A Brief History of Every One of the 3,000 Haggadot Ever Written. Three Passovers ago, I was commissioned by the editors of The Jewish Book Council to write A Brief History of the Haggadah ( The research led me to various and fascinating places. I covered 2% of the total by citing 60 haggadot in their relevance and contexts. Upon completion, I thought: wouldn’t it be wild to get my hands – or my eyes, through museum glass – on each and every one of them? Wouldn’t that be an awesome collection, and adventure? Vanessa L. Ochs recently published The Passover Haggadah: A Biography, which covers similar ground, but my idea might be more ambitious, and certainly more peripatetic. This would need massive travel funding, though. Just an idea for now.

Something New Under the Sun. Catchy title, no? You know how sometimes you’re learning Gemara, and you swear something scientific they’re discussing has the credit given to some European astronomer, like 500 years later? What’s up with that? The naming of the 7 planets in the Talmud is one example. Dabbling in Game Theory is another. There are many others. One part of the book would be giving proper credit where it’s due. Another would be to highlight that something scientific, with credit centuries later, was preceded with a Jewish discoverer, but the true origin might go back even further. I’d need a PhD in history or something to do this, but if I think of enough excellent examples, this might be worth fleshing out.

Biography idea. I admire certain people, and I’d like to tell their stories. But who exactly am I to do that, and why would anyone want to partake from my offering? Well, I’m arrogant enough to believe that I’ve come up with a novel, immersive way of telling a life story. Before I’d even begin, I’d first have to be actually making a living as a writer, because the concept would require enormous amounts of travel and time away from family. Let’s get to where this is even financially viable before I embark.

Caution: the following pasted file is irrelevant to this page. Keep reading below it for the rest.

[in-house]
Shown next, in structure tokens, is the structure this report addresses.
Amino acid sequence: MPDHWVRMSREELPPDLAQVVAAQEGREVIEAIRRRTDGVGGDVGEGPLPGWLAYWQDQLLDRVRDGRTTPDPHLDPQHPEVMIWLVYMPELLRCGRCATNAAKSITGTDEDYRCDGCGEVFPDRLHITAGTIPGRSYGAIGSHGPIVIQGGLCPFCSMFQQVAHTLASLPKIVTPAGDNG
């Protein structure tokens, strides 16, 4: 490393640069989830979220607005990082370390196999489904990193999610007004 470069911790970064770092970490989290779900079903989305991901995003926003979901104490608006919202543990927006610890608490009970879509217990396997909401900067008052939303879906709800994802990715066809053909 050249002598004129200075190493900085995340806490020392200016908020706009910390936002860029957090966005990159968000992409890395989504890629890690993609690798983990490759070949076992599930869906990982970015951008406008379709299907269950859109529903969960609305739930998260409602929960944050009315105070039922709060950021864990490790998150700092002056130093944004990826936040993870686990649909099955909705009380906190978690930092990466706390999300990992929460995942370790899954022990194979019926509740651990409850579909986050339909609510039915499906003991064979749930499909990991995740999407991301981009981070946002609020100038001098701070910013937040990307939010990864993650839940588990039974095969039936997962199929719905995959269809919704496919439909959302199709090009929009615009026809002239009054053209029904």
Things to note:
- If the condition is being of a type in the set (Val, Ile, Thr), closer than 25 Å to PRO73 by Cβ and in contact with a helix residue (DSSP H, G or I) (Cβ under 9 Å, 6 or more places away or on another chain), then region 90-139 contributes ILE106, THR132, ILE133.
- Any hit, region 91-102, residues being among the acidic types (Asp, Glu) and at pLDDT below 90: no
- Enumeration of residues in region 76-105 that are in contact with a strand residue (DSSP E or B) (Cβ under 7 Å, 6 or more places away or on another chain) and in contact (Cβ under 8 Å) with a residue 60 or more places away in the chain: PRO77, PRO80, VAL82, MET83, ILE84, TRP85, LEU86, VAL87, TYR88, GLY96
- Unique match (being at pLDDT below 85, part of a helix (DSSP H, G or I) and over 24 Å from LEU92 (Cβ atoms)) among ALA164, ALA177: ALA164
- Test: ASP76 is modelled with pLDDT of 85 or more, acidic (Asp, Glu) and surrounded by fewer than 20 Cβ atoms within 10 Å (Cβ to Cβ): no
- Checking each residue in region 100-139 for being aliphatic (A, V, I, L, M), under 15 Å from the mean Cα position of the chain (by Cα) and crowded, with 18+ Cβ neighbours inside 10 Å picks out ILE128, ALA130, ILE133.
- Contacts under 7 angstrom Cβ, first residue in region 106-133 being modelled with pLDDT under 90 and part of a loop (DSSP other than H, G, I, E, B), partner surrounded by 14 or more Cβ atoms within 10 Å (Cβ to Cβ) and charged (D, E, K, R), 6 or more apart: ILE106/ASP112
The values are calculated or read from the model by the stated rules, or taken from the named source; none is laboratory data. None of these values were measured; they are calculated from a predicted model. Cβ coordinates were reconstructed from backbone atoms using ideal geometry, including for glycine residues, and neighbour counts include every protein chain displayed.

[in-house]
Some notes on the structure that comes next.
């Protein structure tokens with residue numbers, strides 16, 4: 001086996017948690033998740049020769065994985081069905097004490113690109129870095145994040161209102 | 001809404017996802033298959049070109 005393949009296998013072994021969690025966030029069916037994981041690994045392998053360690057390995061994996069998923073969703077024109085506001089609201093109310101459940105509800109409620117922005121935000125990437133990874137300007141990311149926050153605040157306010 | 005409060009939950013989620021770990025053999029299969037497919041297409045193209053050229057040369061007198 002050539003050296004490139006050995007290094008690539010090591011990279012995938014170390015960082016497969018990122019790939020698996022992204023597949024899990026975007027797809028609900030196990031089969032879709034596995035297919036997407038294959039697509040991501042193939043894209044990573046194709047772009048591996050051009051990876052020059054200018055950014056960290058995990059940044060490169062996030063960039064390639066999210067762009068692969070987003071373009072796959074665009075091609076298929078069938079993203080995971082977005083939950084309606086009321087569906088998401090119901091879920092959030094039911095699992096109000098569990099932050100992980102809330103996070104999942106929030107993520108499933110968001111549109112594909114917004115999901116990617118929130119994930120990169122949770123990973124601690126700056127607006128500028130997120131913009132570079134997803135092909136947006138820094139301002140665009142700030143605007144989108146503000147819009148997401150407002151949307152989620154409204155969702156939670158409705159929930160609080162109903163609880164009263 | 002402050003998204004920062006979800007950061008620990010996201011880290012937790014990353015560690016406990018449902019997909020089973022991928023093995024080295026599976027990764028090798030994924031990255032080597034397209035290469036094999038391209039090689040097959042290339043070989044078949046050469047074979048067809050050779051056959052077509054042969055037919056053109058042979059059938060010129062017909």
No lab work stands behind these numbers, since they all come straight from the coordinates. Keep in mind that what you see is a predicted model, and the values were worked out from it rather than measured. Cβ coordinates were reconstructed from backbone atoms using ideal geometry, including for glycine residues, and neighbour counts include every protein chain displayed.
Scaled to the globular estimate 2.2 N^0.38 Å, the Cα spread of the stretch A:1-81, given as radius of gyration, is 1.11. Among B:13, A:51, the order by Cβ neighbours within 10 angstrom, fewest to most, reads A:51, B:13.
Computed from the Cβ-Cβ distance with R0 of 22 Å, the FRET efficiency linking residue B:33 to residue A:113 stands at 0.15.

Obama, Book I: Must Finish Bush II, Book II first.

Obama, Book II: I never thought there’d be a sequel. I have a lot to learn.

Trump, Book I: OMG, do I have to? Previous presidents paced themselves with a scandal per year. This guy created one every time he spoke with his mouth or thumbs. I would never get done with writing such a thing.

Biden, Book I: See three paragraphs directly above.

When you let me know which project I should tackle – or stay focused on - for November, also please let me know what my grade is on my report.

Oh, and feel free to avail yourself to a book of mine or two (I just passed the 5,462 copies sold mark. Whoa.) at 50%-75% off the MSRP. I'll have several more items on my straining bookshelf for you very soon, but for now, truly, the lineup of 11 is quite colorful, and pleasing to the eye – at least to mine:

Man, I also gotta resurrect, write my next surname article (It’s been how many years?), catch up on my travelogues and marathon run write-ups…